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Gandhi's relevance in today's world
In the earlier section we have mostly examined the validity of Gandhiji's ideas in the light of what some of the greatest thinkers of the 20th century have to say and we have found great support for them, in principle. As said earlier, all thinkings take place in particular contexts and there can be difference of views on the matter of details which need not be given much importance. Gandhiji himself was aware of it and that is why he did not want to leave any sect after him and said that others were not his followers but fellow workers. His has been experimentation with truth and his own ideas had been evolving with time in a pragmatic manner on the basis of his fundamental approach. Every thinking has its permanent and temporary elements and it is the former which make it last. Dr. J. D. Sethi said in the Patel lectures of 1979: Thirty years after his death and nearly seventy years after he wrote his seminal, though crudely written book, 'Hind Swaraj', Gandhiji is suddenly emerging as a possible answer to the global crisis of human values and numerous unsolved contradictions, such as between affluence and poverty, freedom and repression, technology and human beings, social tension and alienation.55
To examine the validity of this claim, Let us examine some of the major problems besetting humankind today.
All these problems are global though their intensity varies from country to country.
The most important of them are poverty, the danger of environmental disaster, the danger of nuclear annihilation and terrorism, both Islamic and Maoist or Naxalite. I take them one by one.
The problem of poverty is chiefly a problem of developing countries though it also exists in the richer countries. If it does not loom large there before the public mind, it is because they are able to provide relief in various ways to the poorer sections of their countries. This poverty in the developing countries has been traced to three causes: (a) one-third of the world using more than three-fourths of the world resources and the growing gap between the rich and poor countries as a result of it; (b) a built-in structure of demand and policy framework in the developed world to keep the consumption growing to maintain full employment and (c) concentration of economic and political power in the hands of small minorities within the poor countries and their attempts to imitate the standard of living of the developed world. J. D. Sethi rightly observes that there can be no solution of the problems of poverty in these poor countries as long as their ruling elites resort to tyranny and corruption to achieve for themselves a standard of living similar to that of ruling elite of the developed countries.56
This is primarily a question of values for which an answer lies in Gandhiji's thinking with its emphasis on consideration for the last human being. To cite Sethi: 'The Gandhian framework is a direct and irrefutable answer to the challenges faced by the third world countries. Their poverty and illiteracy, exploitation and superstition, ethnic, tribal, religious or caste conflicts, the callousness of their ruling elites, authoritarian structures and inhuman tortures of political opponents, development models dependency, etc., defy all prevailing models of change and revolution." And he also says: "Gandhiji would insist on the first things first: the life-style of the power elite has to be identified with the little man for having a moral right to demand the restructuring of the world order."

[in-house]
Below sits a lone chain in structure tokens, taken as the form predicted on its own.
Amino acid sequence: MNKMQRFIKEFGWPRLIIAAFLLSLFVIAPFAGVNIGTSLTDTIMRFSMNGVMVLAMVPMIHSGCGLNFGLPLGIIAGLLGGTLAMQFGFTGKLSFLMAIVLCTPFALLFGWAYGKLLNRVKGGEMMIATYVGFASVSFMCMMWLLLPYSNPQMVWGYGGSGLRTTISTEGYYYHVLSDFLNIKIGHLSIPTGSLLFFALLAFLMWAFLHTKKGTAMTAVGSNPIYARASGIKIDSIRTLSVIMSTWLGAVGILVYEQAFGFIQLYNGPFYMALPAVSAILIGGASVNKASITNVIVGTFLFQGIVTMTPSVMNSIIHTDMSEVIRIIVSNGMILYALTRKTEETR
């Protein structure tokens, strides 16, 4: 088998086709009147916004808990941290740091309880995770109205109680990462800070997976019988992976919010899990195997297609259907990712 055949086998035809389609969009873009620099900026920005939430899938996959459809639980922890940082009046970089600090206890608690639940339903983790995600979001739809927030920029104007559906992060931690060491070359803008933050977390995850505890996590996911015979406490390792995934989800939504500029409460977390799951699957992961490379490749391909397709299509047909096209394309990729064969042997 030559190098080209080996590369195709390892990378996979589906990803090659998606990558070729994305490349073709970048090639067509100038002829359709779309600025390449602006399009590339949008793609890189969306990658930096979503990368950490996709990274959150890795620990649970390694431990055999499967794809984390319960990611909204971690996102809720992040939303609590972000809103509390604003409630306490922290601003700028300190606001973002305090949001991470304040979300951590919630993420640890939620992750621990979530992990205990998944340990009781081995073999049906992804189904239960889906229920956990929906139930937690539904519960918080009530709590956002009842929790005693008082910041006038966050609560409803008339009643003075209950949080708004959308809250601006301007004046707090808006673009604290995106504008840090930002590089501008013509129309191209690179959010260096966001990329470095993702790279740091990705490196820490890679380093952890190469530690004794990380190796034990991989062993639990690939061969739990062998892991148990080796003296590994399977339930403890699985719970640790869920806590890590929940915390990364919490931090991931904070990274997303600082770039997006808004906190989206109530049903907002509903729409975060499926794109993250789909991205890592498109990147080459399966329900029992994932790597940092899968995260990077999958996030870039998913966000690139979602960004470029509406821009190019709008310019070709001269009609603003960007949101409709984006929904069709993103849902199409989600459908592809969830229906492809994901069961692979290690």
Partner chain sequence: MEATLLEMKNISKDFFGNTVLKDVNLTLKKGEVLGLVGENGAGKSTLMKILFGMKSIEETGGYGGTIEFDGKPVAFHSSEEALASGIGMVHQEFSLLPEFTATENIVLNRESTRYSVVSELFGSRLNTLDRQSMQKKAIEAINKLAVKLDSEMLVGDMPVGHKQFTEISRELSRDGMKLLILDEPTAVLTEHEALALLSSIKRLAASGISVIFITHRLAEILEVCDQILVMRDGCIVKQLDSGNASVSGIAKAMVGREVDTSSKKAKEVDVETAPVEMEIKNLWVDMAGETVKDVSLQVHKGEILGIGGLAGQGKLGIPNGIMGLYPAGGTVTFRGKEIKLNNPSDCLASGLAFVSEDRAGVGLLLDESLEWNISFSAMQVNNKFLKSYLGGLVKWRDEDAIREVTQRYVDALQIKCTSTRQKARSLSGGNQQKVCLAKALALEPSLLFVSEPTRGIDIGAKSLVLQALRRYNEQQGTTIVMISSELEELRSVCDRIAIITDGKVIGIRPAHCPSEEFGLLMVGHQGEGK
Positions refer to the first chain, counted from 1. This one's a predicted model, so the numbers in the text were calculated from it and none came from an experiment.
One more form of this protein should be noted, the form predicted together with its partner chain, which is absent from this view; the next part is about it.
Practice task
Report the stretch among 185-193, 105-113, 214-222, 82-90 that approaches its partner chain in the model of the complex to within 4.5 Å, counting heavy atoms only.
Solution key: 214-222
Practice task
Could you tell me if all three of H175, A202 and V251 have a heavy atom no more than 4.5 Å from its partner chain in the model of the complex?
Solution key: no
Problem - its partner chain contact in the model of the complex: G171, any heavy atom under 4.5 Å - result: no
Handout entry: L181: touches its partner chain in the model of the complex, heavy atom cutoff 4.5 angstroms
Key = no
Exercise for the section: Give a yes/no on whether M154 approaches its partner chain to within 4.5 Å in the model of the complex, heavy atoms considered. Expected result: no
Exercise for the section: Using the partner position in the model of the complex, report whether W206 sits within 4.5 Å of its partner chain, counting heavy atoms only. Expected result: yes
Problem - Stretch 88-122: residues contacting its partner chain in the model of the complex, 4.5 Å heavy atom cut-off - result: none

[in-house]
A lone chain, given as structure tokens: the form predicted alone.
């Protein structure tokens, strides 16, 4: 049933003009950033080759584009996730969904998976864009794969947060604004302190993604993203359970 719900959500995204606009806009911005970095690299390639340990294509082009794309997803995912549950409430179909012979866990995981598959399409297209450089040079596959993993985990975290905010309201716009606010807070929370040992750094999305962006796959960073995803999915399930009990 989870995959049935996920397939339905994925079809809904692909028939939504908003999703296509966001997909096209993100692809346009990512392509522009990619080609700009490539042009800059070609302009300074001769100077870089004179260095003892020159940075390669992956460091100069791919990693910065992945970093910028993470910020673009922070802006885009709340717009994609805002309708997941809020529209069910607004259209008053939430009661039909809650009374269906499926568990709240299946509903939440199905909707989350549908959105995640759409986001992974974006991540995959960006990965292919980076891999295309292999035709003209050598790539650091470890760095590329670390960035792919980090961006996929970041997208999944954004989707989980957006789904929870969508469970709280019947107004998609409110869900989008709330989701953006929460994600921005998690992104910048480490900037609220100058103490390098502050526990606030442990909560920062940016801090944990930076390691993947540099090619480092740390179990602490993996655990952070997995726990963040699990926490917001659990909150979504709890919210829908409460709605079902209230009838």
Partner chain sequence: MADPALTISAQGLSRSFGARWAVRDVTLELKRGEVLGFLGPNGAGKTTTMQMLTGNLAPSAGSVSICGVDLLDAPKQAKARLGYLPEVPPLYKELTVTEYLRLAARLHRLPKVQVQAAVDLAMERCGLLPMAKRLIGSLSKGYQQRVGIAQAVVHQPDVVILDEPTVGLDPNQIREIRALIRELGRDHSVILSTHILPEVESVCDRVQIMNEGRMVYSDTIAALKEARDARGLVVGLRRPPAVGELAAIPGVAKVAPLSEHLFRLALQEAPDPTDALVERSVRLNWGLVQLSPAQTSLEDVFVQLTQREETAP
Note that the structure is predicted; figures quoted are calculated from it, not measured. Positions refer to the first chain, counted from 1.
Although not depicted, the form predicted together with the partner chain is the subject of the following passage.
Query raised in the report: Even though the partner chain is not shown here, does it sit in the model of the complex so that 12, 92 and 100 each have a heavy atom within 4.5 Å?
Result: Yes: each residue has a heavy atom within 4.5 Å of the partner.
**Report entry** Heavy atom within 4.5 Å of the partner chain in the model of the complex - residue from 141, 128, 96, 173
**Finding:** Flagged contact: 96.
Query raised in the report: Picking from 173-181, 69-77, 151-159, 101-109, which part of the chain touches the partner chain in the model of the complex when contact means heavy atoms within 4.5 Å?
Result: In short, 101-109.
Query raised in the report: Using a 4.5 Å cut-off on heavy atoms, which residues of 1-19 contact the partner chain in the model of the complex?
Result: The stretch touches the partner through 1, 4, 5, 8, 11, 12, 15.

This universal urge for a higher and higher standard of living is the primary cause of the increasing danger of . environmental disasters. The then U. N. Secretary-General had said in his report to it in 1969 : "For the first time in the history of humankind, there is arising a crisis of worldwide proportion involving developed and developing countries alike - the crisis of human environment."59 He attributed it to the explosive growth in populations, the poor integration of a powerful and efficient technology with environmental requirements, the deterioration of agricultural lands, the unplanned extension of urban areas, the decrease of available space and the growing danger of extinction of many forms of animal and plant life. It is increasingly apparent, he said, that if the current trend continues, the future of life on earth could be endangered.
The seventies of the last century had witnessed a lot of literature on it, both for and against. However, the consensus was that technology is a good servant but a bad master and that the growing morality gap between developing technology and the state of human culture is highly dangerous. Arnold Toynbee had then written : "My hope is that we shall have a period of technological slowing down and a new wave of spiritual advance."60 He had also then advocated for" a new philosophical and religious outlook covering the whole of life" and that "it must be such as to change our ideals, bringing with it a change in the order of our priorities."61
Gandhiji might not have referred to ecological problems in words, but his thinking and some of his statements show his concern for them. For example, he had said that there was enough in the world for everyone's need but not for everyone's greed. However, the lacuna had been further filled by J. C.Kumarappa who had pleaded for an 'economy of permanence'. It may also be remarked here that with times the critics of 'limits to growth' are proving wrong. The growing damage to the ozone layer on the Antartic, the recent calamities of Tsunami and Katrina are the warning signs of Nature's vengeance at its increasing exploitation and environmental degradation.
To take up the problem of the danger of nuclear annihilation, one may point out to the increasing acceptance of the need of non-violence in the field of international relations. Even a Russian scholar wrote in the later eighties : "There is yet another aspect of Gandhian heritage which invariably draws the attention of Soviet scholars. It is the humanitarian idea of non-violence as adopted in international relations. He (Gandhiji) was an irreconcilable enemy of war. Hiroshima was for him an event which had confronted humankind with either starting disarmament immediately or perishing."62